Regulatory mechanisms of the Ca2+-dependent transcription factor NFAT in sensory neurons
Ca 2+ -mediated regulation of gene expression plays an important role in neuronal plasticity. NFAT (Nuclear Factor of Activated T-cells) is a Ca 2+ /calcineurin (CaN)dependent transcription factor that has been implicated in a number of neuronal functions including axon outgrowth, presynaptic remodeling and neural survival. NFAT is activated by Ca 2+ /CaN-dependent dephosphorylation, whereas re-phosphorylation by glycogen synthase kinase-3! (GSK3!) and several other protein kinases deactivates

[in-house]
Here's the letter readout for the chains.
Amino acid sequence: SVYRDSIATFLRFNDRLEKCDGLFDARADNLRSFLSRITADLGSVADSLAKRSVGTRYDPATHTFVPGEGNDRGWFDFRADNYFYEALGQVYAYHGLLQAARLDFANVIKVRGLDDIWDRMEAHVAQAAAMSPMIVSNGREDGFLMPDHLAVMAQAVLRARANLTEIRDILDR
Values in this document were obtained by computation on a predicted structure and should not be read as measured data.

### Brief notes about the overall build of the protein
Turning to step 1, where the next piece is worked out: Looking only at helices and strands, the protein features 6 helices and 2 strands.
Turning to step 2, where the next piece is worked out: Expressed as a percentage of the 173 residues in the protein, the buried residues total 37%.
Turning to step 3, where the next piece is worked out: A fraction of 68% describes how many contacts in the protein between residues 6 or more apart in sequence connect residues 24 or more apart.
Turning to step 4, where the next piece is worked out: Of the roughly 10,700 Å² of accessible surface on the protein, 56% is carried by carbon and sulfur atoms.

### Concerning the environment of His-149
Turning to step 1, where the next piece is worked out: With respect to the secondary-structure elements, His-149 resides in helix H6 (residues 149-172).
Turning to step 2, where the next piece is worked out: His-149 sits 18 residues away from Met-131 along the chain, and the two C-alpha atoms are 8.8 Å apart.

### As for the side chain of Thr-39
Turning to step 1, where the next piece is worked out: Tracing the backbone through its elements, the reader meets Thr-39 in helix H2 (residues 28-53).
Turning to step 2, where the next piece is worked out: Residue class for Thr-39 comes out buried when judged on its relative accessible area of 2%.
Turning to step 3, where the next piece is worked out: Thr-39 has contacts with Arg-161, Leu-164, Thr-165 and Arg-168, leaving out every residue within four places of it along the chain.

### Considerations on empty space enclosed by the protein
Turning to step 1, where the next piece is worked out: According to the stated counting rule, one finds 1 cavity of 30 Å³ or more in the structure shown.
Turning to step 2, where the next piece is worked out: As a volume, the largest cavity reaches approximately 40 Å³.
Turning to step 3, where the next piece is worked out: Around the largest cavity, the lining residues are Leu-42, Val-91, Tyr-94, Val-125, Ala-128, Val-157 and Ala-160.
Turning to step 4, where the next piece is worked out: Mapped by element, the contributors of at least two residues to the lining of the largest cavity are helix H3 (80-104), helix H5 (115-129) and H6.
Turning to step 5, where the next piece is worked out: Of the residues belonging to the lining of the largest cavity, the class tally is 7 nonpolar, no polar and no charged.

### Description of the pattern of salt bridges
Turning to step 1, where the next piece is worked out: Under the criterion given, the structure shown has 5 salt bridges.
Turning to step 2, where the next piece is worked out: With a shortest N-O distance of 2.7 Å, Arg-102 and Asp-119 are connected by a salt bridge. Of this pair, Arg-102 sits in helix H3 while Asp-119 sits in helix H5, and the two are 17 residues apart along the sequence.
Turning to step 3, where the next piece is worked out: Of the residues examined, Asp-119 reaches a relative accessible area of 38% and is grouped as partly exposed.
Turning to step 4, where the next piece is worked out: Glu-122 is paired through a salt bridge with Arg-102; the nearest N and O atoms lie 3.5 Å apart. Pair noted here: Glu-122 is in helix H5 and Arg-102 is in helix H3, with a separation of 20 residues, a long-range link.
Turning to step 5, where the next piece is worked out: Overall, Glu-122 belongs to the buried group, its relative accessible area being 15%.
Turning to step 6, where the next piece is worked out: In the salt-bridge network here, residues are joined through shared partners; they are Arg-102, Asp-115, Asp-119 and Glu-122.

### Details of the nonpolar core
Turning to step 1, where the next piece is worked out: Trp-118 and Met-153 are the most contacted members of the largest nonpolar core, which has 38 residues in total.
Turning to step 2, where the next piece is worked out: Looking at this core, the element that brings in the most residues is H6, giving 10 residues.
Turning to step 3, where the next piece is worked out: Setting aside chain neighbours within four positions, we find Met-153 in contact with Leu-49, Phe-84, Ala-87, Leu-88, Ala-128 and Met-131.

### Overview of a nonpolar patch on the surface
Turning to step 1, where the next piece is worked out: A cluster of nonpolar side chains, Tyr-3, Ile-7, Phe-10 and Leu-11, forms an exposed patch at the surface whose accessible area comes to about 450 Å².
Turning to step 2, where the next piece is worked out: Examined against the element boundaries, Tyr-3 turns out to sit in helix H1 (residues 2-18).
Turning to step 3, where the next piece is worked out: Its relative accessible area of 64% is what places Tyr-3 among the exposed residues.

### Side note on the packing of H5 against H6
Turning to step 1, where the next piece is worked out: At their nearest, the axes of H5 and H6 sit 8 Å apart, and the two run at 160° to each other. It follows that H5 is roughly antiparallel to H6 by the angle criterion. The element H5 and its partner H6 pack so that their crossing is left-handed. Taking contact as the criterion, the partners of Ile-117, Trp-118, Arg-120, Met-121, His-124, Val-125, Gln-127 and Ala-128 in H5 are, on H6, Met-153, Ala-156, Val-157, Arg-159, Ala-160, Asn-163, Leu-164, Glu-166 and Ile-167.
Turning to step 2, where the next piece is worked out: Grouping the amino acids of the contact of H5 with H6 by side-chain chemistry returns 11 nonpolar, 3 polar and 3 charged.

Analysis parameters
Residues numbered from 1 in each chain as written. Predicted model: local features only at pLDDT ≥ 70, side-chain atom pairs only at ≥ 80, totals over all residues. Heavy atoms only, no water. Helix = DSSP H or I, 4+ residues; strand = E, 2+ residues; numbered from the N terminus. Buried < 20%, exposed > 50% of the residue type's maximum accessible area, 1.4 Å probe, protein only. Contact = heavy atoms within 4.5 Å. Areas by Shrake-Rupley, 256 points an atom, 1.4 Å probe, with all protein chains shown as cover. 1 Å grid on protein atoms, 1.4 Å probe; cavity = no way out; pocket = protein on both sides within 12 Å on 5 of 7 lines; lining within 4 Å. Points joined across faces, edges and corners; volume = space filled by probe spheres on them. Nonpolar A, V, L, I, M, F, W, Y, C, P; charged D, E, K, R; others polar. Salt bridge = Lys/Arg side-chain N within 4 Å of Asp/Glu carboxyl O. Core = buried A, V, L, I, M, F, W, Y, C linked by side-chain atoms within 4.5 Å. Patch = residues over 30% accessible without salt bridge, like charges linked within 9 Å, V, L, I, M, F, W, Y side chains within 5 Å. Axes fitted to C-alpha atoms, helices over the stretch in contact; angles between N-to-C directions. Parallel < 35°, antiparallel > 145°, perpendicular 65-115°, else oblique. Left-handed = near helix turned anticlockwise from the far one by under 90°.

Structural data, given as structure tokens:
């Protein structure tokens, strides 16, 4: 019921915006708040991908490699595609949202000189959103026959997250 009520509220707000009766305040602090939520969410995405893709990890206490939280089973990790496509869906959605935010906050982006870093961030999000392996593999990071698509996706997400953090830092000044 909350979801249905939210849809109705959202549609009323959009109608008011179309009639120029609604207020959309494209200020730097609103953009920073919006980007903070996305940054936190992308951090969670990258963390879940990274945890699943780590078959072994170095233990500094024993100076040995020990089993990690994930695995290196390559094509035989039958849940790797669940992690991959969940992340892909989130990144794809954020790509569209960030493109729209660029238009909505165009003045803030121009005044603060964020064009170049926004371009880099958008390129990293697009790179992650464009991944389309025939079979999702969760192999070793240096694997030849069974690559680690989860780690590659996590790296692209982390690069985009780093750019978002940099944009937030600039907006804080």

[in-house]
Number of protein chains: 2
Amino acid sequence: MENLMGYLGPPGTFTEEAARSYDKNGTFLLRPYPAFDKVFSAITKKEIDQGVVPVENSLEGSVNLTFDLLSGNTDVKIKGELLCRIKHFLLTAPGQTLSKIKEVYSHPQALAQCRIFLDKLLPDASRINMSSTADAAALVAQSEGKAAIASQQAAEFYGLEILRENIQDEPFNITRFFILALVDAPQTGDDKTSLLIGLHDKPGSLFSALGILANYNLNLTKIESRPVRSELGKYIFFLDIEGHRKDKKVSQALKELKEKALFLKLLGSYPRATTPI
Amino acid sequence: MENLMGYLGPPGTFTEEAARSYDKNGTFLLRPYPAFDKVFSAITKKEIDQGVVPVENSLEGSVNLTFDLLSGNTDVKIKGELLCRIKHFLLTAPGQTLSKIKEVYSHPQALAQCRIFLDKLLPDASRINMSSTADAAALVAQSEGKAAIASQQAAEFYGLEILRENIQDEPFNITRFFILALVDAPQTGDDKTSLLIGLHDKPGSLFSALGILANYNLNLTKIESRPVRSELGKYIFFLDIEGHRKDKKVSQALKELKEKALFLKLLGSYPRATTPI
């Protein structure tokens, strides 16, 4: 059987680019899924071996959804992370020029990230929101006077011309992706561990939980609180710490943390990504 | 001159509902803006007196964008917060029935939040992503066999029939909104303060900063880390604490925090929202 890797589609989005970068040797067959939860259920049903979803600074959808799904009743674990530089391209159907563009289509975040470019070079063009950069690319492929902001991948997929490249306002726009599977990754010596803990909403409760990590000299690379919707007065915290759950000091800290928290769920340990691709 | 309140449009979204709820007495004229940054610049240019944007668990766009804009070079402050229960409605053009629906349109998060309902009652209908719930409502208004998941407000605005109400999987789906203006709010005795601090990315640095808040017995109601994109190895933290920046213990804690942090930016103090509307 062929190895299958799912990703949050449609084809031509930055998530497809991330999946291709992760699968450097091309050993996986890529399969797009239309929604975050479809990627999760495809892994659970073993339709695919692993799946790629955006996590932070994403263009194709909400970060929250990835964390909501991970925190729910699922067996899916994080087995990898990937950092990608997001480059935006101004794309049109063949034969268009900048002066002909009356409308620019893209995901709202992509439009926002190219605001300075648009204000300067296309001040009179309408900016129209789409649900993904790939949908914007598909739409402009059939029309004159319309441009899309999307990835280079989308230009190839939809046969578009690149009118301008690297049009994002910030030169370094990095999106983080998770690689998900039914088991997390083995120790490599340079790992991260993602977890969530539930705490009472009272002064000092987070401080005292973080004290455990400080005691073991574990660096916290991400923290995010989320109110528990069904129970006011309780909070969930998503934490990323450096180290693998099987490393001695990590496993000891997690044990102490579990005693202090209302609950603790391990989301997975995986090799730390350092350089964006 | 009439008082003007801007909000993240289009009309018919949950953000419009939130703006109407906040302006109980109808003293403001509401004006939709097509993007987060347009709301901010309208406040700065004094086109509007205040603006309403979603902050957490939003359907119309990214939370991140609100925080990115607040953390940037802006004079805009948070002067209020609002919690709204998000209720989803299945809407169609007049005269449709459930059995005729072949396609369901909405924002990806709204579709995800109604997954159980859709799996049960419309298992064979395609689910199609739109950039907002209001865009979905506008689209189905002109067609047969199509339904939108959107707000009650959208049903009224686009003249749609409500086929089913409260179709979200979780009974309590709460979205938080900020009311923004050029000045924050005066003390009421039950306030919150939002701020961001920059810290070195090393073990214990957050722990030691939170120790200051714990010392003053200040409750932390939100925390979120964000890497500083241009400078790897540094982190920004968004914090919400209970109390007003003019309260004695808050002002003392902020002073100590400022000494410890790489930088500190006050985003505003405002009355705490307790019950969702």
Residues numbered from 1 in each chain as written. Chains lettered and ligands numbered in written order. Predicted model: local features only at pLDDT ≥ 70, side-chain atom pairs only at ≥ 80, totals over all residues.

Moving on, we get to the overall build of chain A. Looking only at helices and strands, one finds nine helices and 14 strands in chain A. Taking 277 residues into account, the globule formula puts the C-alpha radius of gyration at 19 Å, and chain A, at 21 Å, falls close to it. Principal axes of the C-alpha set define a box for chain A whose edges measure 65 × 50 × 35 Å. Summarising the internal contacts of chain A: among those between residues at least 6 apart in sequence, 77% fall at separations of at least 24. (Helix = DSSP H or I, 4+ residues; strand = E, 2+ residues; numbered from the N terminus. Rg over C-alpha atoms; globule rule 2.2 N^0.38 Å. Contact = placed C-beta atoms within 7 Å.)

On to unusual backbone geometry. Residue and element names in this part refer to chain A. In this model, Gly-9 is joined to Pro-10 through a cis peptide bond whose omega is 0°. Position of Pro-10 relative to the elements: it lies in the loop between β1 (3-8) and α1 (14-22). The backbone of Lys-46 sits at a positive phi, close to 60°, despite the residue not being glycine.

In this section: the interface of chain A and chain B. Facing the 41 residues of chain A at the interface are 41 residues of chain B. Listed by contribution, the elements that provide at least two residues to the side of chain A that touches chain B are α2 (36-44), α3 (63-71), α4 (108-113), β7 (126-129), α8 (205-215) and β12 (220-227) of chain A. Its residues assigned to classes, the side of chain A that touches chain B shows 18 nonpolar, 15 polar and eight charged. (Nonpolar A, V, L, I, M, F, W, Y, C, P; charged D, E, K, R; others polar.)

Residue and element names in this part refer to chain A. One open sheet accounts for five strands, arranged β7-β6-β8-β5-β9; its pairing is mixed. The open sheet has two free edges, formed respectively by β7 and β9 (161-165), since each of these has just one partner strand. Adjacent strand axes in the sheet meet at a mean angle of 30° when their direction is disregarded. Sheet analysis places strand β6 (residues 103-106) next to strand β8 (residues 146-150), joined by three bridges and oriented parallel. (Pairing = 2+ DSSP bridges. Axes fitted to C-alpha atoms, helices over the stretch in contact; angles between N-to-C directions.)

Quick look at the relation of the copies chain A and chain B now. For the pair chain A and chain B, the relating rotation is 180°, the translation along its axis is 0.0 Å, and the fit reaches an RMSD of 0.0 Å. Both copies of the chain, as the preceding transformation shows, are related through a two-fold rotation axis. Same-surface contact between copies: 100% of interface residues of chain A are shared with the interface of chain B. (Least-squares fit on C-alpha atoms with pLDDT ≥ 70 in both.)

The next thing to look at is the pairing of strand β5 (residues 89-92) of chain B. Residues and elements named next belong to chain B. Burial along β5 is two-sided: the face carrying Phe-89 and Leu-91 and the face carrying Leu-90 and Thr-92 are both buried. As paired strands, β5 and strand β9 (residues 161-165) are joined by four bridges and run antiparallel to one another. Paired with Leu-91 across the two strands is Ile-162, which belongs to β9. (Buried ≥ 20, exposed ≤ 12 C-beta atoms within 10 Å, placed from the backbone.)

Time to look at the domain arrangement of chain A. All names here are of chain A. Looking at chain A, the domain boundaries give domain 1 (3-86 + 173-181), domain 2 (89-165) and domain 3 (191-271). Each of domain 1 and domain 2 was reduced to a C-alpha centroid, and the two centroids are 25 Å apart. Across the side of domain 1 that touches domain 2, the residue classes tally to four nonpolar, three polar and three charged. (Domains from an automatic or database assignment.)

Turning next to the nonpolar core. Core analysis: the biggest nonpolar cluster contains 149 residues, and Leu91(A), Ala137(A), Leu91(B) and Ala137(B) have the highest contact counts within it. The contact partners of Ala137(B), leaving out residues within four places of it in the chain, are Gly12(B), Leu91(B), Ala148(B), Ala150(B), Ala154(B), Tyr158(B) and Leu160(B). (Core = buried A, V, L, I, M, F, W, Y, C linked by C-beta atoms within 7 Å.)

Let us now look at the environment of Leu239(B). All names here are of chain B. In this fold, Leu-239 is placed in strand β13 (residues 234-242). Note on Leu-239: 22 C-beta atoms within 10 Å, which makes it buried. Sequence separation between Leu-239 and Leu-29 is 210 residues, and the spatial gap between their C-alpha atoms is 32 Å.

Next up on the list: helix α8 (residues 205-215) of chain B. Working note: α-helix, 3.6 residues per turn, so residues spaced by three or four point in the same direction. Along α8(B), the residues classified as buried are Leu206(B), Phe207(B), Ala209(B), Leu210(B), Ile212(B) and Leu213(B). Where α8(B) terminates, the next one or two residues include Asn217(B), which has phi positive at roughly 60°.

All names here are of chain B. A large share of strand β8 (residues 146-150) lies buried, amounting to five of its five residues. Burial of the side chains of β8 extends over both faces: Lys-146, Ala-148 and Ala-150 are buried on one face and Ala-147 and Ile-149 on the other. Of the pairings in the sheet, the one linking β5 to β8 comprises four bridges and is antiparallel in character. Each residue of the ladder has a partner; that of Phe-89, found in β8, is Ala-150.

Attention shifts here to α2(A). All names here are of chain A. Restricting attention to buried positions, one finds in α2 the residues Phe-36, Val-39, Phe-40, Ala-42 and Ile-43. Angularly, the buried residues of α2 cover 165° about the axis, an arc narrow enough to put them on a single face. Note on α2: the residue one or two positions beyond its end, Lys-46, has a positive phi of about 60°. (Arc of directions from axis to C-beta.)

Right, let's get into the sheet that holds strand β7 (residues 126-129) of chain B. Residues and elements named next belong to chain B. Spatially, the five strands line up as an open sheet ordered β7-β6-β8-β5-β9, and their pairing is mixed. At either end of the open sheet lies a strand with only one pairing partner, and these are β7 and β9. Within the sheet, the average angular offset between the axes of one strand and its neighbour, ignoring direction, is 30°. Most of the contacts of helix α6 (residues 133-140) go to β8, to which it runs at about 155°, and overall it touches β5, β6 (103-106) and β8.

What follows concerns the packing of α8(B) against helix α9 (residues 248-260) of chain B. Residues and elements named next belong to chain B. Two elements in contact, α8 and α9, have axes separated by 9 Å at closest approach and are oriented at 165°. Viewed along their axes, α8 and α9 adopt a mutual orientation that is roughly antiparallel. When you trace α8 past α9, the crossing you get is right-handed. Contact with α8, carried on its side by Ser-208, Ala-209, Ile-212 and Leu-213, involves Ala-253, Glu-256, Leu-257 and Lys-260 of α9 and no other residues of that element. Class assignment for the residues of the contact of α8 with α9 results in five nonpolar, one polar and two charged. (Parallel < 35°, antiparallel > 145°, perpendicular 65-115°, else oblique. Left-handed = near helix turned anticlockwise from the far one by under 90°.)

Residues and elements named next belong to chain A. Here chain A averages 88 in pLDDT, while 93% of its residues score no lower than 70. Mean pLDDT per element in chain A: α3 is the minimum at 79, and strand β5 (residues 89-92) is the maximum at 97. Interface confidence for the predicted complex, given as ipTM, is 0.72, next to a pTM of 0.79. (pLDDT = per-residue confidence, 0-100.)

... inases deactivates NFAT and triggers its export from the nucleus. In addition to electrically-mediated Ca 2+ signals, neurotrophins can potently regulate NFAT function in neurons as well. However the mechanisms of NFAT activation by electrical activity and neurotrophins are not completely understood. In aim 1, I found that electrical stimulation produced a mitochondrial Ca 2+ cycling-mediated prolonged [Ca 2+ ] i elevation (plateau), which profoundly affected NFAT activity. The elimination of the [Ca 2+ ] i plateau by blocking mitochondrial Ca 2+ uptake or release strongly reduced nuclear import of NFAT. Furthermore, preventing Ca 2+ mobilization from mitochondria diminished NFAT-mediated transcription. In aim 2, I found that NGF, a family of neurotrophins, potentiated NFAT-dependent transcription triggered by electrical activity through the TrkA-PI3K-Akt-GSK3! pathway and this effect was mediated primarily by NFATc3. Monitoring NFATc3 movement in DRG neurons in real time showed that NGF slowed the rate of NFATc3 nuclear export, which was mimicked by inhibiting GSK3!, whereas blockade of PI3K prevented this effect. Taken together, I proposed that mitochondrial Ca 2+ cycling functions as a novel regulatory mechanism for NFAT activation and NFATc3 serves as an integrator of electrical activity and neurotrophin signaling in the regulation of gene expression in DRG neurons. ___________________________________ Toshihiro Kitamoto ii To my family iii ACKNOWLEDGEMENTS Above all, I would like to thank my wonderful advisor Yuriy M. Usachev for his personal and professional counsel throughout my graduate school journey. Without his continuous guidance and patience with me, it would not be possible to overcome ups and downs during the dissertation process. Your tireless counsel will never be forgotten. I was also deeply indebted to my amazing thesis committee members, Donna Hammond, Steven Green, Stefan Strack and Toshihiro Kitamoto. Their feedbacks and comments on my projects provided me ideas during challenging periods of my research and ultimately helped improve the quality of the research.